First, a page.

This week's Parsha begins with the Pasuk of "וישמע יתרו כהן מדין חתן משה את כל אשר עשה אלקים למשה ולישראל עמו כי הוציא ה' את ישראל ממצרים," "and Yitro the priest of Midyan the father-in-law of Moshe heard about all that G-d had done for Moshe and his nation the Jewish people, that He took them out of Egypt." Rashi quotes the Gemara in Masechet Zevachim (דף קטז.) which asks, "Exactly what did Yitro hear in order to make him change?" The Gemara answers that he heard about the war with עמלק, the giving of the Torah and the splitting of the sea.
Rav Moshe Feinstein in his Derash Moshe asks why hearing of those events affected Yitro differently than it did everyone else? As we read last week by the שירה, many nations heard about these events; why was it only Yitro who decided to join the Jewish people? Rav Moshe answers beautifully that there is a difference between seeing and hearing. Although one may believe a report he hears, just hearing it does not make as great an impression as seeing it with one's own eyes. We see this from the fact that Moshe did not smash the לוחות until he actually saw the people worshipping the עגל הזהב, even though he had already heard of the actions of the Jewish people from God Himself and certainly had no doubt that they had taken place.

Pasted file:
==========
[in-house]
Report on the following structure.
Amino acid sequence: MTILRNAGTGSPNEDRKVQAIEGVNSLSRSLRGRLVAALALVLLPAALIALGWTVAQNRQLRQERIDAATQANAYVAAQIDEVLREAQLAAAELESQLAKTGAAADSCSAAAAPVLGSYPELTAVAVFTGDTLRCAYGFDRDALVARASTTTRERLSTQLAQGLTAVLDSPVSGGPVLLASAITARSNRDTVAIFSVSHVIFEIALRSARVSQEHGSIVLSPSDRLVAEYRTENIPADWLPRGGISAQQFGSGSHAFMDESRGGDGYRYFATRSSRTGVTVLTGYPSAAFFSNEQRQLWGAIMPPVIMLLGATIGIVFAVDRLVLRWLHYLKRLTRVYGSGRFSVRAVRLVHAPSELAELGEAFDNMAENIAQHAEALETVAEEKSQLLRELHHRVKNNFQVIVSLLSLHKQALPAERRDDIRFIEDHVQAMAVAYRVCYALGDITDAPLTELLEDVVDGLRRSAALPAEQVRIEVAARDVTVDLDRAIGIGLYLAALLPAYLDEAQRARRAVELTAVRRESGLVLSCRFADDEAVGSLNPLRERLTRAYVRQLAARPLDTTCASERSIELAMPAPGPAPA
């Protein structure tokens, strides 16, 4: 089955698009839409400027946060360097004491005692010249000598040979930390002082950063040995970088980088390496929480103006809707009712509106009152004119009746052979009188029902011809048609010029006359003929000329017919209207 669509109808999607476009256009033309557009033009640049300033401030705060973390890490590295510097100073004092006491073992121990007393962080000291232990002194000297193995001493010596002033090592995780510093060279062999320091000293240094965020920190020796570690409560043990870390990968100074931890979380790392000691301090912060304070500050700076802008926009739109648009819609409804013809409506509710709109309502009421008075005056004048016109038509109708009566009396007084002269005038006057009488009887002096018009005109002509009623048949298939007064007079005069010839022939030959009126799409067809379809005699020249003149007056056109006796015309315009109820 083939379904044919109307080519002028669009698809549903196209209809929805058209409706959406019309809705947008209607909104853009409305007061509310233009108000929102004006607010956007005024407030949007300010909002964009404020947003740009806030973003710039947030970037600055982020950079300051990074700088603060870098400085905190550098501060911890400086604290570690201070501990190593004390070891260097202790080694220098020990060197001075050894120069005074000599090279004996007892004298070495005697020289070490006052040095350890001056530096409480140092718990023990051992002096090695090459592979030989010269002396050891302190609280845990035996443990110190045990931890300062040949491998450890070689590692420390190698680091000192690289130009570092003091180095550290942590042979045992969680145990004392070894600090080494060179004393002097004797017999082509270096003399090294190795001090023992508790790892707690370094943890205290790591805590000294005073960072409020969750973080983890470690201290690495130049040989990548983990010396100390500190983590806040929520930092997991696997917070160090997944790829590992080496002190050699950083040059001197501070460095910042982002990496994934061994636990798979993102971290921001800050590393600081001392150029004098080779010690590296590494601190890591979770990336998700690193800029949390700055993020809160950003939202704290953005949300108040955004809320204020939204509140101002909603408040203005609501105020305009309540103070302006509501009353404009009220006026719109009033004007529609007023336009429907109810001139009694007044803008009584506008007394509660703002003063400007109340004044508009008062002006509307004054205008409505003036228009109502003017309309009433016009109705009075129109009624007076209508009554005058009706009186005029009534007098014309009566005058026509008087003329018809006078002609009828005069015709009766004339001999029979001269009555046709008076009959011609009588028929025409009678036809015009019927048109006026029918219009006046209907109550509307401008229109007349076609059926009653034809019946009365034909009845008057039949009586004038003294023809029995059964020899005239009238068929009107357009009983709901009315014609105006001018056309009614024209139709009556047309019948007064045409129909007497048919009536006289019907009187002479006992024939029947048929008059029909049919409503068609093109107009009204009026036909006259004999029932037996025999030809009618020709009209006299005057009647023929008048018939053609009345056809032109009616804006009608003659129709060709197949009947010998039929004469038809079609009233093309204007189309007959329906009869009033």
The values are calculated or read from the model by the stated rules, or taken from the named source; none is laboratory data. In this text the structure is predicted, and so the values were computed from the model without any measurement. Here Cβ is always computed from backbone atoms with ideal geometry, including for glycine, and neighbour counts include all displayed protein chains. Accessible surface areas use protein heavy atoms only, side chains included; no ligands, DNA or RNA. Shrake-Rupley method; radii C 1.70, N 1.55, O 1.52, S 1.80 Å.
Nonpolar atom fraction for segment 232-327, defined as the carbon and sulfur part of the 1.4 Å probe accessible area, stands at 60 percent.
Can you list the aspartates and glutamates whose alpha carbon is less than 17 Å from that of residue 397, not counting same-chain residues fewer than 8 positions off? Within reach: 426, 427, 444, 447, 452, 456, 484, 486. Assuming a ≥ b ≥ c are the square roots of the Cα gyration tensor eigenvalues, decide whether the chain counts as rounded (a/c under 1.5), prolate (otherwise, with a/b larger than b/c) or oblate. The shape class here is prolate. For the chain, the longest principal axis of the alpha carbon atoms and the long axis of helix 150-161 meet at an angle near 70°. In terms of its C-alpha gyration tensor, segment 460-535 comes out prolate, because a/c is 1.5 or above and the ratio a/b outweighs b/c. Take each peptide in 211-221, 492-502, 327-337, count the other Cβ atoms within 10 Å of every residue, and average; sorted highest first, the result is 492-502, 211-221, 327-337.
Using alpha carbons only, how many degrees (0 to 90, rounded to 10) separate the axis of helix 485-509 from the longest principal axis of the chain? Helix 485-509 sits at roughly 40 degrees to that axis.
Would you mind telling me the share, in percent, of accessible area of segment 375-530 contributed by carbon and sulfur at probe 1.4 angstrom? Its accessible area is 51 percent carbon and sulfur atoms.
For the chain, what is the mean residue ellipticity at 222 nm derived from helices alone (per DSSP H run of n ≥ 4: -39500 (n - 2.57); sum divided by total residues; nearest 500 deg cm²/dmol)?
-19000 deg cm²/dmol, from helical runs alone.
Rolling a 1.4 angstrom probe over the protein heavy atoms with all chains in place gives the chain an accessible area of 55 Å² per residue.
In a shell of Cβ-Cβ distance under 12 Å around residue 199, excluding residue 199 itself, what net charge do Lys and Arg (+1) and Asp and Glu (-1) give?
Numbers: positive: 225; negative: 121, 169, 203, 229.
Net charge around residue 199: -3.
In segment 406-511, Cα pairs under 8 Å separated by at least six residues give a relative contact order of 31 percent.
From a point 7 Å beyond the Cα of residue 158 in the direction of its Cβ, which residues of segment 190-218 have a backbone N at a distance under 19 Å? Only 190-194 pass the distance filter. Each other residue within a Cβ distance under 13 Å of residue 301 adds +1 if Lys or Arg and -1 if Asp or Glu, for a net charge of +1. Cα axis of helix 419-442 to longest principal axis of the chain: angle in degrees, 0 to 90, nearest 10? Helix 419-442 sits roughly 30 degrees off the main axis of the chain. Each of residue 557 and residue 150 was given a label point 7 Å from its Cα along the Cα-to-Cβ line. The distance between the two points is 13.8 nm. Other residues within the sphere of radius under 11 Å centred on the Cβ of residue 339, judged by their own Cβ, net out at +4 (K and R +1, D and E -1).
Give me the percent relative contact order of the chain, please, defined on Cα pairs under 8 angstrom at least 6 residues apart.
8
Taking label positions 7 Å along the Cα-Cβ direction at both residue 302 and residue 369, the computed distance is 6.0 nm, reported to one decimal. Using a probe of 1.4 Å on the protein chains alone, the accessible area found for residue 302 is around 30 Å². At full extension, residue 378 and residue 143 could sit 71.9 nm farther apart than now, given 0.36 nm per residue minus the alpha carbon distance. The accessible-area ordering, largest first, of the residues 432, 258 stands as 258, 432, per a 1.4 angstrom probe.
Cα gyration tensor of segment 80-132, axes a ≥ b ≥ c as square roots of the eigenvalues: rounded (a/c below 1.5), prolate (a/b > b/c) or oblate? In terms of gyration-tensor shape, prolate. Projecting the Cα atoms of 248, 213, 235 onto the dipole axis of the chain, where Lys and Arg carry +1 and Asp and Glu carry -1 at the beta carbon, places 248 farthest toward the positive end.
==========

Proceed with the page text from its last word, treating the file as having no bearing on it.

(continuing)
Among other people, though, there exists a balance between seeing and hearing. When our Pasuk says, "and Yitro heard," it teaches us that for Yitro simply hearing of the miracles of God was enough to inspire him to convert. The difference between hearing and seeing was not very great for Yitro, while to the rest of the nations there was a big difference between them. Even though they had heard the same things as Yitro, they perceived them as distant events which did not stir them to join the Jewish nation. To them there was a difference between hearing and seeing things with their own eyes.
We must emulate this characteristic of Yitro to elevate our Emunah and Bitachon in Hashem to the level where hearing about events, even though we may not have actually seen and experienced them, will lead us to greater belief in Hashem and strengthen our davening and awareness of Hashem, so that we can transmit our beliefs to our children and students.